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Emergency: Lightning


Lightning is an underrated hazard that occurs during thunderstorms, tornadoes, hurricanes and volcanic eruptions. When thunderstorms threaten your area get inside a home, large building or car.

SAFETY TIPS

Inside a home, avoid bathtubs, water faucets and sinks because metal pipes can conduct electricity. Avoid using the telephone, except for emergencies.

If outside, with no time to reach a safe building or an automobile, follow these rules:
  • In a forest, seek shelter in a low area under a thick growth of small trees.
  • In open areas, go to a low place such as a ravine or valley. Be alert for flash floods.
  • Do not stand underneath a natural lightning rod, such as a tall, isolated tree in an open area.
  • Do not stand on a hilltop, in an open field, on the beach or in a boat on the water.
  • Avoid isolated sheds or other small structures in open areas.
  • Get away from open water.
  • Get away from anything metal - tractors, farm equipment, motorcycles, golf clubs, and bicycles.
  • Stay away from wire fences, clotheslines, metal pipes, rails and other metallic paths which could carry lightning to you from some distance away.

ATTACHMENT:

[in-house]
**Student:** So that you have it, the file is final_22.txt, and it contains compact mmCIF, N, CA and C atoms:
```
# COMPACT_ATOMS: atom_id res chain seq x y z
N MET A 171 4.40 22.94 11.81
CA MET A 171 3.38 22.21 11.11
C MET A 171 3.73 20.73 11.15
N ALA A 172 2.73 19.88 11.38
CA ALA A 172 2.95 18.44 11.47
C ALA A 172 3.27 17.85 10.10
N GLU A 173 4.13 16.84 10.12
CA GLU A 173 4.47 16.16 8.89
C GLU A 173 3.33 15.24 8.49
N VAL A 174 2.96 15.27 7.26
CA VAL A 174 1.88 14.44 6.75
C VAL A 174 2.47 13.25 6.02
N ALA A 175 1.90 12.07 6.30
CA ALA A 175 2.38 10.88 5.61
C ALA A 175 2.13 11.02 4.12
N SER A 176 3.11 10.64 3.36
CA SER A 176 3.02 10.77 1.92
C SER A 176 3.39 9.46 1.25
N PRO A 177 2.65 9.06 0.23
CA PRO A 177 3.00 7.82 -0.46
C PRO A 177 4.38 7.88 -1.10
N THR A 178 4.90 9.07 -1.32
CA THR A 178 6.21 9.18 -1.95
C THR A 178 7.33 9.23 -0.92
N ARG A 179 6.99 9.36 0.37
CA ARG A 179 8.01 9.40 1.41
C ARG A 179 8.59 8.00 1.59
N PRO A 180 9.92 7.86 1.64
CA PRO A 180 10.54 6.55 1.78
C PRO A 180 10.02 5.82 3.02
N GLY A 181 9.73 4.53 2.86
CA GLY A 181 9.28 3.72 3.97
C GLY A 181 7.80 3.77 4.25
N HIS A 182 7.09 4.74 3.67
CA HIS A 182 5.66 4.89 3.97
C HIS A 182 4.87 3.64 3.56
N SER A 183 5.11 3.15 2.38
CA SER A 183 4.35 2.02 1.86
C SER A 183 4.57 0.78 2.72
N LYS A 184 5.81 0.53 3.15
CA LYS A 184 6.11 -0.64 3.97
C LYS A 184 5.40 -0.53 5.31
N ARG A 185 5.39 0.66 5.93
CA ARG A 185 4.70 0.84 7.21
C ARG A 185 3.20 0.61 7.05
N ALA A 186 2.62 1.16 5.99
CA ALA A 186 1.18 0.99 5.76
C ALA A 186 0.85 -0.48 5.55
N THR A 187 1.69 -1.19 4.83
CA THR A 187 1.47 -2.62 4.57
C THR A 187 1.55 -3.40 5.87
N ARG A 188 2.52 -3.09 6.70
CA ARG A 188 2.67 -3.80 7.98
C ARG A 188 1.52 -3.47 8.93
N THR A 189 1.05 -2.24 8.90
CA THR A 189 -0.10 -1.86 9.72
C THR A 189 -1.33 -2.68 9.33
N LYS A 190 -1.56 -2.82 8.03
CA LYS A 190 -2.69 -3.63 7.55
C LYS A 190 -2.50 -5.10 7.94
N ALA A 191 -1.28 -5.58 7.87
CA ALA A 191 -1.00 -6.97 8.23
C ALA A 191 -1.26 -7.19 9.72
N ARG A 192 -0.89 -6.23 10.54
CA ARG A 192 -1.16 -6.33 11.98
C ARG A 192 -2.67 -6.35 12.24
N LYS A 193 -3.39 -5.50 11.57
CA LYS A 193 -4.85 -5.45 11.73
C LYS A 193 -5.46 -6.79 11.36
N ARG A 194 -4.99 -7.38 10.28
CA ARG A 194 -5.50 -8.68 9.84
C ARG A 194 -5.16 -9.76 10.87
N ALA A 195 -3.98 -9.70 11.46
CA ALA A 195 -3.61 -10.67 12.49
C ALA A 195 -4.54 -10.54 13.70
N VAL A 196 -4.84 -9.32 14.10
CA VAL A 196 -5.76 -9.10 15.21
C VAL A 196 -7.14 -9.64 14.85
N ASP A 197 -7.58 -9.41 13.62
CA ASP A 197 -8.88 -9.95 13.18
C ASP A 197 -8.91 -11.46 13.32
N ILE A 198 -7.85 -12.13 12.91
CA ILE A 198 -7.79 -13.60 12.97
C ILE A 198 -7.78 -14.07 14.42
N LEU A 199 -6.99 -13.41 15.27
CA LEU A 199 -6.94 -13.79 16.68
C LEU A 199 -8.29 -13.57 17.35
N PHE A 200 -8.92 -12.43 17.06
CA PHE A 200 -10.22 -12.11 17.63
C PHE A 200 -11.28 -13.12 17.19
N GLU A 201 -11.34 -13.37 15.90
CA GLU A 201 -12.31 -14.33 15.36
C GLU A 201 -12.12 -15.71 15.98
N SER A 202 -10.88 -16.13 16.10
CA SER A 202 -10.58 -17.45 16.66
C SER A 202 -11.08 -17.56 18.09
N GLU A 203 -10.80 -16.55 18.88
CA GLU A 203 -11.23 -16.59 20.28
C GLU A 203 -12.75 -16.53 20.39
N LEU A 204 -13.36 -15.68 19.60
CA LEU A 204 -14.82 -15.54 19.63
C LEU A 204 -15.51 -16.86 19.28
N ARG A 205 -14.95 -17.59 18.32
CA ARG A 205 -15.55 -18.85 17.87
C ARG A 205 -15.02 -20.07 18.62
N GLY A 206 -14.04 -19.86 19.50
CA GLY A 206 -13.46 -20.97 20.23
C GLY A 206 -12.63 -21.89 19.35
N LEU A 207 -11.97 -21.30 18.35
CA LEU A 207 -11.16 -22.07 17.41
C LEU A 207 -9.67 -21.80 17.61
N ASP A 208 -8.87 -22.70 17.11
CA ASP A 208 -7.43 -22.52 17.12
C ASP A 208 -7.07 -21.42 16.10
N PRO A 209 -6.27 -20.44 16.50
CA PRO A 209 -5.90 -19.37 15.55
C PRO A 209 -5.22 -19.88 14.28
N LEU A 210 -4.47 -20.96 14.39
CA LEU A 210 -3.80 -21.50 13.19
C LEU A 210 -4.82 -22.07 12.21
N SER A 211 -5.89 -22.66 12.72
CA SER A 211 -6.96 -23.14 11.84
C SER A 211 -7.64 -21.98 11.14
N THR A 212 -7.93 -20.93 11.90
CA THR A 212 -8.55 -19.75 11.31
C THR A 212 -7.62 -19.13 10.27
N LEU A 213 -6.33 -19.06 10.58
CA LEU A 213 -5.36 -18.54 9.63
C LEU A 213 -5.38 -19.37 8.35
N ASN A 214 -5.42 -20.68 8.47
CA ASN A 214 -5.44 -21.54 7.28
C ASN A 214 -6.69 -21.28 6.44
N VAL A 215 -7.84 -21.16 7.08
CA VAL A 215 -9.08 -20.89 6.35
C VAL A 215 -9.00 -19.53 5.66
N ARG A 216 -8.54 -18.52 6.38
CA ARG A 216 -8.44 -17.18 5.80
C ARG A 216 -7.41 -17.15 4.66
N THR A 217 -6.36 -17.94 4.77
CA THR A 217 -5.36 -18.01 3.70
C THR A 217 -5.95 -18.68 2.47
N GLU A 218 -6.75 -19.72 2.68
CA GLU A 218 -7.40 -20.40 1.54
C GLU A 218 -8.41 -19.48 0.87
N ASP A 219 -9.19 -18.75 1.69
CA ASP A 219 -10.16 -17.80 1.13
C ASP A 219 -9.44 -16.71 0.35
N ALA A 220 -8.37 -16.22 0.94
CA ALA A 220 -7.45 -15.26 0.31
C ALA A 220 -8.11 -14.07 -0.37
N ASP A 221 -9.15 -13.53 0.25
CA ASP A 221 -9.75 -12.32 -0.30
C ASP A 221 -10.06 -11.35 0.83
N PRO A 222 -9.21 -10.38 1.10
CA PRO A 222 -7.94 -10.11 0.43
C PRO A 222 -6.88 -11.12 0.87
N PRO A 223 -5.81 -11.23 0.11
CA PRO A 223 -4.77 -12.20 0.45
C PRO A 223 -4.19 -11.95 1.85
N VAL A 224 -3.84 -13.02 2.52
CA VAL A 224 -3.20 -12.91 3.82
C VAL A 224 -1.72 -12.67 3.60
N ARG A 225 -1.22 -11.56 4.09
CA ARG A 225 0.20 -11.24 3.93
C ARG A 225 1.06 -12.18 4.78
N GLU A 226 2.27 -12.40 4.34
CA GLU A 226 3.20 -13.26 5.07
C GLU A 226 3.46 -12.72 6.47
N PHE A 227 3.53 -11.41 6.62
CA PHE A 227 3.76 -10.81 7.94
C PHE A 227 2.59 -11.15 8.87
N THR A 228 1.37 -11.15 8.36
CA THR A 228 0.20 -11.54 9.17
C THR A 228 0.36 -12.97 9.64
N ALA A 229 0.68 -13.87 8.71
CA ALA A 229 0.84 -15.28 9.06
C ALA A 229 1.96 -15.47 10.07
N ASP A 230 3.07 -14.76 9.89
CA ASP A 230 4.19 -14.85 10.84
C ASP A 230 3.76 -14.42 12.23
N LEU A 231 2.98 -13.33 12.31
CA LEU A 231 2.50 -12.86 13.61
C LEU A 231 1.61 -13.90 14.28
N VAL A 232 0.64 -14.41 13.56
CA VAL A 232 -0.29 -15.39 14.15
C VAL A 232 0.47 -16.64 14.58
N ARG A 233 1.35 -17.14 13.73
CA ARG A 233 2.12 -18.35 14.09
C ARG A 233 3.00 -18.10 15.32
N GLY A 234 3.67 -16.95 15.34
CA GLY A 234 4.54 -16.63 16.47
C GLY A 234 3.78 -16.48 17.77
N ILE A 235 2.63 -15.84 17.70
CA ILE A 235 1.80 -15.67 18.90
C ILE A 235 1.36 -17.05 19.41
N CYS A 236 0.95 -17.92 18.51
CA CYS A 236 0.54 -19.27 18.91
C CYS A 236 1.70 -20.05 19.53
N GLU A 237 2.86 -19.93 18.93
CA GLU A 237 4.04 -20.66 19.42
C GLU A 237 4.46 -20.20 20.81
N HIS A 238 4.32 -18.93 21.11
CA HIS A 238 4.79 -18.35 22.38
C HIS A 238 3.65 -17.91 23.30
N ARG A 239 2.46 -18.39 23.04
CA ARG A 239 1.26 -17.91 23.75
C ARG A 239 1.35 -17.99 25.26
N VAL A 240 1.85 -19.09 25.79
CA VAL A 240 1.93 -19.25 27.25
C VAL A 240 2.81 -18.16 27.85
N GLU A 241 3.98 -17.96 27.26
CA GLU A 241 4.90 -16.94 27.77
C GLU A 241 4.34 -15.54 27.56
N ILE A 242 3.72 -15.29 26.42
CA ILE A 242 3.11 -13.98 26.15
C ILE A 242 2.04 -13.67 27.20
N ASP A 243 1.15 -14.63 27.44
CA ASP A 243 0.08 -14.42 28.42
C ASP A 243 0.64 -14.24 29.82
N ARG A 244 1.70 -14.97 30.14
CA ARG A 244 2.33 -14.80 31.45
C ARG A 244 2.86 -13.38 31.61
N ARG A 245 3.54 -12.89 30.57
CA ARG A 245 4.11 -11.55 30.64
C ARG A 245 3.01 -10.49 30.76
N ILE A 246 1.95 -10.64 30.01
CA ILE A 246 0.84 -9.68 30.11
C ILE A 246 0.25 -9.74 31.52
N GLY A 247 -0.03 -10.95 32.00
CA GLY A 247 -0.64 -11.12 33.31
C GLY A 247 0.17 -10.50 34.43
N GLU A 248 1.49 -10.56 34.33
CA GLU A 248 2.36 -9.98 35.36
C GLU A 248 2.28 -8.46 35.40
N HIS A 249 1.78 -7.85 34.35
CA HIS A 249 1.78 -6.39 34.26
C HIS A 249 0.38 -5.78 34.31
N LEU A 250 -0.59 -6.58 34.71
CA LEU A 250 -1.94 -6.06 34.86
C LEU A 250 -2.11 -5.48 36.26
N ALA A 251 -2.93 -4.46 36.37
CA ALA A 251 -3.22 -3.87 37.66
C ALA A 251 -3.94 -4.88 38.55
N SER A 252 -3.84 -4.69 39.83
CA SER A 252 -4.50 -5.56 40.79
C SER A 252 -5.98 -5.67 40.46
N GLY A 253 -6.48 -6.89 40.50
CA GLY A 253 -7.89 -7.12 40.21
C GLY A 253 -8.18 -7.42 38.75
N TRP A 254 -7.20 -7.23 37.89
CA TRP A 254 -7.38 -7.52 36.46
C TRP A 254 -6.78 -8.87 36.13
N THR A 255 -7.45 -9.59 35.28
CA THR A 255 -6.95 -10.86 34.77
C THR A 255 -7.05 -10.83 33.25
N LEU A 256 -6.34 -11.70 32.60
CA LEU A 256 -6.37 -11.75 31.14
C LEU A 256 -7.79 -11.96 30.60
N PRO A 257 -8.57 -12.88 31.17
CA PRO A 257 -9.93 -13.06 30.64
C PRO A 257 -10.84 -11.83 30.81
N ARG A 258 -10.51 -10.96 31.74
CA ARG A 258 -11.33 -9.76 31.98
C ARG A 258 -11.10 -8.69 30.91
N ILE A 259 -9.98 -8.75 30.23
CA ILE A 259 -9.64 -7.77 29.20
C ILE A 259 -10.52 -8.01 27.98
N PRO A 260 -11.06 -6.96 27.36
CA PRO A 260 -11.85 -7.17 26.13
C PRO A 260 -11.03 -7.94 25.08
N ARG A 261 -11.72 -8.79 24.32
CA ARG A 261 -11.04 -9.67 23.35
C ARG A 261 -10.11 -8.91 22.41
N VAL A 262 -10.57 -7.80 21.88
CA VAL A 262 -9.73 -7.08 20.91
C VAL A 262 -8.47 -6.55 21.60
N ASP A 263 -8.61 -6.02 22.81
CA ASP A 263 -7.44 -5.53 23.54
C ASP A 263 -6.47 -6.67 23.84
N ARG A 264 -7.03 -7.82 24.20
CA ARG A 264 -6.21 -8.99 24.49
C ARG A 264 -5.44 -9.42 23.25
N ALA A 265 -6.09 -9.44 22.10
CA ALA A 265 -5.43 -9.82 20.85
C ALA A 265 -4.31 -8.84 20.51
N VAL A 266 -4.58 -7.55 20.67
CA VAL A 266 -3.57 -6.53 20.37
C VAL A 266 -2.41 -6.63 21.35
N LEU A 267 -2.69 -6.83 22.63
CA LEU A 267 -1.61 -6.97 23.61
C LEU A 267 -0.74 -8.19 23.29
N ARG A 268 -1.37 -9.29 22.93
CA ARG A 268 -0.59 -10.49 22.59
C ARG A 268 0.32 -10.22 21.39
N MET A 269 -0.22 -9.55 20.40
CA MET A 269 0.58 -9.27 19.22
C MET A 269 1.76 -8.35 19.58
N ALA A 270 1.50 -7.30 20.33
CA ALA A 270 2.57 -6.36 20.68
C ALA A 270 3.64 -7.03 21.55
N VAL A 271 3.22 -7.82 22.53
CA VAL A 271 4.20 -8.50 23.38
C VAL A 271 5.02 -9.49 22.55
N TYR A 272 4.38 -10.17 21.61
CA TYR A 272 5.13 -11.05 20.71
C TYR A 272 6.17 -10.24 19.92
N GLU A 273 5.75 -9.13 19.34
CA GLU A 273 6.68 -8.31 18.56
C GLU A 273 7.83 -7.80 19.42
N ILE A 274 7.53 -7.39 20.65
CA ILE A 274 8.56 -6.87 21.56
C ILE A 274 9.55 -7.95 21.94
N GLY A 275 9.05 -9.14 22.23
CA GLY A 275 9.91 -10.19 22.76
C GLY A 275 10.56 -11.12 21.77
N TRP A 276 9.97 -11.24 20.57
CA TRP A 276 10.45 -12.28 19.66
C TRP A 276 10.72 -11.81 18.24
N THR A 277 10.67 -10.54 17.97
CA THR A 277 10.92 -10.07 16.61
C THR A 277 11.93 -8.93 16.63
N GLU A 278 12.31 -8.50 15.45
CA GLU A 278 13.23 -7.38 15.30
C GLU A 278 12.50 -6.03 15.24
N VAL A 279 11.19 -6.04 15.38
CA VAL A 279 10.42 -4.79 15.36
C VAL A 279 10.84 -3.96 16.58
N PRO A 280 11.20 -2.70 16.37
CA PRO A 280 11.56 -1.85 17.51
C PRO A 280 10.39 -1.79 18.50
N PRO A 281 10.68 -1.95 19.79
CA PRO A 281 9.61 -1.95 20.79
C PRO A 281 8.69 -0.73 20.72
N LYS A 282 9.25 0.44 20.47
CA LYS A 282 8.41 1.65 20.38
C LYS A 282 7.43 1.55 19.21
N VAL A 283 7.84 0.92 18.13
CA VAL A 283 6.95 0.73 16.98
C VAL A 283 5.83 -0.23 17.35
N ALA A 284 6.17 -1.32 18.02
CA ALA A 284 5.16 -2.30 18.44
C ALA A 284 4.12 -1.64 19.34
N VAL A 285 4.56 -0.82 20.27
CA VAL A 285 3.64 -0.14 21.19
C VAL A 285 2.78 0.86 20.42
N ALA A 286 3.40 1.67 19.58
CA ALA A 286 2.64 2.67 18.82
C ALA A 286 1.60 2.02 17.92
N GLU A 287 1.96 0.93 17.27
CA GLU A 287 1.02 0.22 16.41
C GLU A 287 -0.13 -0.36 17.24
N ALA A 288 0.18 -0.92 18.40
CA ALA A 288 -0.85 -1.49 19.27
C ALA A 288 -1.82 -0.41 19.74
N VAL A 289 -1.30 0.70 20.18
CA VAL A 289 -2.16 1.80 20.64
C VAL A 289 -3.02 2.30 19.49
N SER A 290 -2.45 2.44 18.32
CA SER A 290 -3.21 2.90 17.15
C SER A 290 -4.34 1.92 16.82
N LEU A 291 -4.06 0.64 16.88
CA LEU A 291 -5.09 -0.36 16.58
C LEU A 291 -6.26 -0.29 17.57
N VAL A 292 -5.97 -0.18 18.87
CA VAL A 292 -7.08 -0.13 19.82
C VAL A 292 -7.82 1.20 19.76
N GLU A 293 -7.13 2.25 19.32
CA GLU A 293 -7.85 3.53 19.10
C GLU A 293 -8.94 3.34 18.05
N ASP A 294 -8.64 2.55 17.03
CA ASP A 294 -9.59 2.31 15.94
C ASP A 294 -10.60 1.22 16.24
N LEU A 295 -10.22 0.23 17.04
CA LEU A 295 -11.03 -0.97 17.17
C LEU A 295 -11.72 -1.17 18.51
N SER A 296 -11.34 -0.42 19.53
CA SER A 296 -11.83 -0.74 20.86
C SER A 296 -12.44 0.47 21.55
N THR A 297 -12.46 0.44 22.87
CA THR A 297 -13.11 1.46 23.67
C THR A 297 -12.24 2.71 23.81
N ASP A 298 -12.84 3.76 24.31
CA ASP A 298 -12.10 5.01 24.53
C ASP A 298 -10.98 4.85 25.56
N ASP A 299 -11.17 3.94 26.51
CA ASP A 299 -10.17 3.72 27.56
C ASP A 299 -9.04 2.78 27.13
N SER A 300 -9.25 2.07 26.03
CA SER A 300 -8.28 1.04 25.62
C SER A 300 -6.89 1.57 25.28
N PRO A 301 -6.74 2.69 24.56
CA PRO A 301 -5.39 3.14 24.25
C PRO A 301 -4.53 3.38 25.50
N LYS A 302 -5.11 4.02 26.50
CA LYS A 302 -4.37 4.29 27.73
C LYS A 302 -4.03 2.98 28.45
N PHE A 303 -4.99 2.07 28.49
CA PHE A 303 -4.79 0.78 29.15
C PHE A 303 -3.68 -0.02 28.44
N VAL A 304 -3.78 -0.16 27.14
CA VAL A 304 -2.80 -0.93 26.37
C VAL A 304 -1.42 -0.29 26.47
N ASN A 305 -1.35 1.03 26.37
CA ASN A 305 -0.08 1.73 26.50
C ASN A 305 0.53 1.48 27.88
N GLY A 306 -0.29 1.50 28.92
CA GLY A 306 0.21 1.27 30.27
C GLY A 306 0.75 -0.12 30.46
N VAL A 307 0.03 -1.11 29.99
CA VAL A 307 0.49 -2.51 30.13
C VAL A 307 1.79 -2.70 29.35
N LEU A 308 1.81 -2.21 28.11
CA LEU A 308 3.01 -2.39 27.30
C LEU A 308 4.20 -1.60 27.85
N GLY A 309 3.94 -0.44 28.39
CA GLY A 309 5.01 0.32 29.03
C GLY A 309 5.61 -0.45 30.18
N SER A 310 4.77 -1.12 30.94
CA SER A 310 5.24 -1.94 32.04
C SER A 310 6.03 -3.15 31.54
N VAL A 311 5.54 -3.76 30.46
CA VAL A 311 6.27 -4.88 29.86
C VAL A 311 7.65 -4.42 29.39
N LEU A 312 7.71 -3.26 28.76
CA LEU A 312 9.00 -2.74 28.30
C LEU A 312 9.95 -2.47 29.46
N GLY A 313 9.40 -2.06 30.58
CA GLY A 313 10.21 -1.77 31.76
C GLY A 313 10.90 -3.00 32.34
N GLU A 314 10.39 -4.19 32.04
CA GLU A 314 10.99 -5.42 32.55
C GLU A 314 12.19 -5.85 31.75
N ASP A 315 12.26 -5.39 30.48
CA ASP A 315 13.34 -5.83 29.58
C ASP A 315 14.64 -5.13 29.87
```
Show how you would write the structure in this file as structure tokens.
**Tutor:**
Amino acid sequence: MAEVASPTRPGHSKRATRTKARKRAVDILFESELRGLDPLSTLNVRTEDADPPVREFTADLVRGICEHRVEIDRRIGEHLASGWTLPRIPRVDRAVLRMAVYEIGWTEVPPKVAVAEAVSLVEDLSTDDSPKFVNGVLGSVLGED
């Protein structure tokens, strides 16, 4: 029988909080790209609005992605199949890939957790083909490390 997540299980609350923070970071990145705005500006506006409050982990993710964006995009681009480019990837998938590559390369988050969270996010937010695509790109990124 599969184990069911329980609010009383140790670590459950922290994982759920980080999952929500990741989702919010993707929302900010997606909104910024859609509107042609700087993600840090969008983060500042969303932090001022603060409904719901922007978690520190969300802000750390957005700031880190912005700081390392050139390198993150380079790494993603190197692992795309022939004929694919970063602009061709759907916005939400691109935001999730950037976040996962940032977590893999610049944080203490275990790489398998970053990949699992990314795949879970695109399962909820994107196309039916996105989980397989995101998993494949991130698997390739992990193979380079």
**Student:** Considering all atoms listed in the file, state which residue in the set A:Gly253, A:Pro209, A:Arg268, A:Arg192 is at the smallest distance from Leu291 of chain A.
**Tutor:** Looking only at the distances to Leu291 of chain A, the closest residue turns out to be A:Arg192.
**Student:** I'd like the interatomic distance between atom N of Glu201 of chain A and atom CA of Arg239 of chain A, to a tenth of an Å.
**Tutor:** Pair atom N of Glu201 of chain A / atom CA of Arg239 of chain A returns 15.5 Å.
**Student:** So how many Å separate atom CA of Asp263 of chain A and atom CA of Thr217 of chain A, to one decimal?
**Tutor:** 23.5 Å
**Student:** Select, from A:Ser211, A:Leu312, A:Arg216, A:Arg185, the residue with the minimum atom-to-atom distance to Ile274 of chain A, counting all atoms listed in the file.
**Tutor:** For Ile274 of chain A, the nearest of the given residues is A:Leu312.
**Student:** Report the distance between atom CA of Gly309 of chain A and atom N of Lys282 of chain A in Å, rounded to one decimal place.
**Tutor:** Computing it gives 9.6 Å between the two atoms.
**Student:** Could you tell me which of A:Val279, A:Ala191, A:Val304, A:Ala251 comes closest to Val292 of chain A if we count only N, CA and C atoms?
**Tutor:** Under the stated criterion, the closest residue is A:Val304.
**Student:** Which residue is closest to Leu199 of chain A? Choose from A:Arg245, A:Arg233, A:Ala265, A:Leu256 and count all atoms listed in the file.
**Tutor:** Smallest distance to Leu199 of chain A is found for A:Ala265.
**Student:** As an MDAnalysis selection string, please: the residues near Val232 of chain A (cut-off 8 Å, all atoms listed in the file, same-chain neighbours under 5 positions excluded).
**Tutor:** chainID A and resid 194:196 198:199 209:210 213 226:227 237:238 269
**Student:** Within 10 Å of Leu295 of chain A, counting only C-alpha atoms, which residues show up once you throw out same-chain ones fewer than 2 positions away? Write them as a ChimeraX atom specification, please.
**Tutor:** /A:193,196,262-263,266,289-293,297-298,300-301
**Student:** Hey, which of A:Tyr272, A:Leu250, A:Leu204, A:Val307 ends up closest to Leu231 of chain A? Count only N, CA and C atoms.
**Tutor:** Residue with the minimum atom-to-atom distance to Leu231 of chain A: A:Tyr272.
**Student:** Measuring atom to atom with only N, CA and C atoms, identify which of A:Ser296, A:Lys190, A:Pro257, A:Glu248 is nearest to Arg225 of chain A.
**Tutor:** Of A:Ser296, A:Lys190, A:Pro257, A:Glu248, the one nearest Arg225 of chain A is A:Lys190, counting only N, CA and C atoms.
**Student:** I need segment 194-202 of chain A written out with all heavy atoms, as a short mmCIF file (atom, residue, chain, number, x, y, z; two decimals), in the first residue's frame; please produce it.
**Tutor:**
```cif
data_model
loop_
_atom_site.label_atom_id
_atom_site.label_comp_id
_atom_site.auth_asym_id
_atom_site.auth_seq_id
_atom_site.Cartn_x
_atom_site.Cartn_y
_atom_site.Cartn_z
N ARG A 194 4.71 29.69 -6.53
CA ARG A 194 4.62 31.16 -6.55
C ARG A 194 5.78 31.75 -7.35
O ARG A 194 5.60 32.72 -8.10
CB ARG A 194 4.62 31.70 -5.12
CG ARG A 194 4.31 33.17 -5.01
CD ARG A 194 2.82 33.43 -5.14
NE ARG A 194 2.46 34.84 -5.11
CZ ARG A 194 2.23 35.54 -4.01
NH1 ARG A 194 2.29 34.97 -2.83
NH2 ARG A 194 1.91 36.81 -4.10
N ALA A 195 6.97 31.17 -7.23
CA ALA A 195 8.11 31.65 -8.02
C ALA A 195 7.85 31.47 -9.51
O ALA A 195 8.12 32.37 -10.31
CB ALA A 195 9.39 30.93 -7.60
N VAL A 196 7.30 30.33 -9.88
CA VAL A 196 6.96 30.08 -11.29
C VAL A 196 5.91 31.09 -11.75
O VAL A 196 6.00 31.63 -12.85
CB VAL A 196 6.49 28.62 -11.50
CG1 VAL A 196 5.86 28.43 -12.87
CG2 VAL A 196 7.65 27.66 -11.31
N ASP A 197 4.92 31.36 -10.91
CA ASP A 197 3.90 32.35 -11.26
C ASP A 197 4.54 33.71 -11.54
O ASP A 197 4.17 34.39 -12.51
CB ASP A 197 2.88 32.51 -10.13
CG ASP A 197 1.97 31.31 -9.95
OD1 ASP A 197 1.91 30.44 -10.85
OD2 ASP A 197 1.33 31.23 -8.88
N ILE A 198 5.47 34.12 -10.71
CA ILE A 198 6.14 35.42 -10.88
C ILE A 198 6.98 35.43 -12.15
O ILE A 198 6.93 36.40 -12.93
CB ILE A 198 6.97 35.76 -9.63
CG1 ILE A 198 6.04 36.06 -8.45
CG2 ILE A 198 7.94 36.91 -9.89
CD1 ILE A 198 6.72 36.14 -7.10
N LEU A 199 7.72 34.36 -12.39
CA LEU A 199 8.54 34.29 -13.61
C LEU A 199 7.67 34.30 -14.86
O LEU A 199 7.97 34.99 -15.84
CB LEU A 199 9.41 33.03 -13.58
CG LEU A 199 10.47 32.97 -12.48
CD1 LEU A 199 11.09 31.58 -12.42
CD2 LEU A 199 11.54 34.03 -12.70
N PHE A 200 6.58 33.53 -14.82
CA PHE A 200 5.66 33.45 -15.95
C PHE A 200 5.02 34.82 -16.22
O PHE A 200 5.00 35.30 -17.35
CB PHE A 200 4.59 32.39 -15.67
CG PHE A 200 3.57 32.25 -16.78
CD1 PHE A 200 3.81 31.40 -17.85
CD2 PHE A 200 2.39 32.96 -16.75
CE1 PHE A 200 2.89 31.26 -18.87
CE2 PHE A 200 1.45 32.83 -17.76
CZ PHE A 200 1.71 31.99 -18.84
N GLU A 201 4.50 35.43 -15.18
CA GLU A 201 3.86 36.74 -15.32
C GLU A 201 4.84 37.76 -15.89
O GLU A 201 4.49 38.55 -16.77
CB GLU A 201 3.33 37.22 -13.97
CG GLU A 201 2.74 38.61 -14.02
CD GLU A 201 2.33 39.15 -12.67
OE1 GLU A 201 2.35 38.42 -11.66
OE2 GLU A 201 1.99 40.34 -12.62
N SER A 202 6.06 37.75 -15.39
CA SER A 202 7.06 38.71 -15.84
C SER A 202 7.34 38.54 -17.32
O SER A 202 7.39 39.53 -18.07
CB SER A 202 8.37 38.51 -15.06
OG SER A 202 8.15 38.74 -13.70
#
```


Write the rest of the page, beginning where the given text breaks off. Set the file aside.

• If you are isolated in a level field and you feel your hair stand on end (which indicates that lightning is about to strike), drop to your knees and bend forward putting your hands on your knees. Do not lie flat on the ground.
LIGHTNING FYI
  • The average lightning strike is six miles long.
  • The temperature of lightning's return stroke can reach 50,000 degrees Fahrenheit.
  • The average thunderstorm is 6-10 miles wide.
  • The average thunderstorm travels at a rate of 25 miles per hour.
  • Once the leading edge of a thunderstorm approaches to within 10 miles, you are at immediate risk of lightning strikes coming from overhanging anvil clouds. Because of this, many lightning deaths and injuries occur with clear skies directly overhead.
  • On average, thunder can only be heard over a distance of three to four miles, depending on humidity, terrain, and other factors.
  • Approximately 100,000 thunderstorms occur in the United States each year.
  • Approximately 10 percent of all thunderstorms are severe enough to produce high winds, flash floods and tornadoes.
  • Thunderstorms cause an average of 200 deaths and 700 injuries in the United States each year.
  • Between Jan. 1940 - 1974 a total of 7,000 Americans lost their lives due to lightning strikes.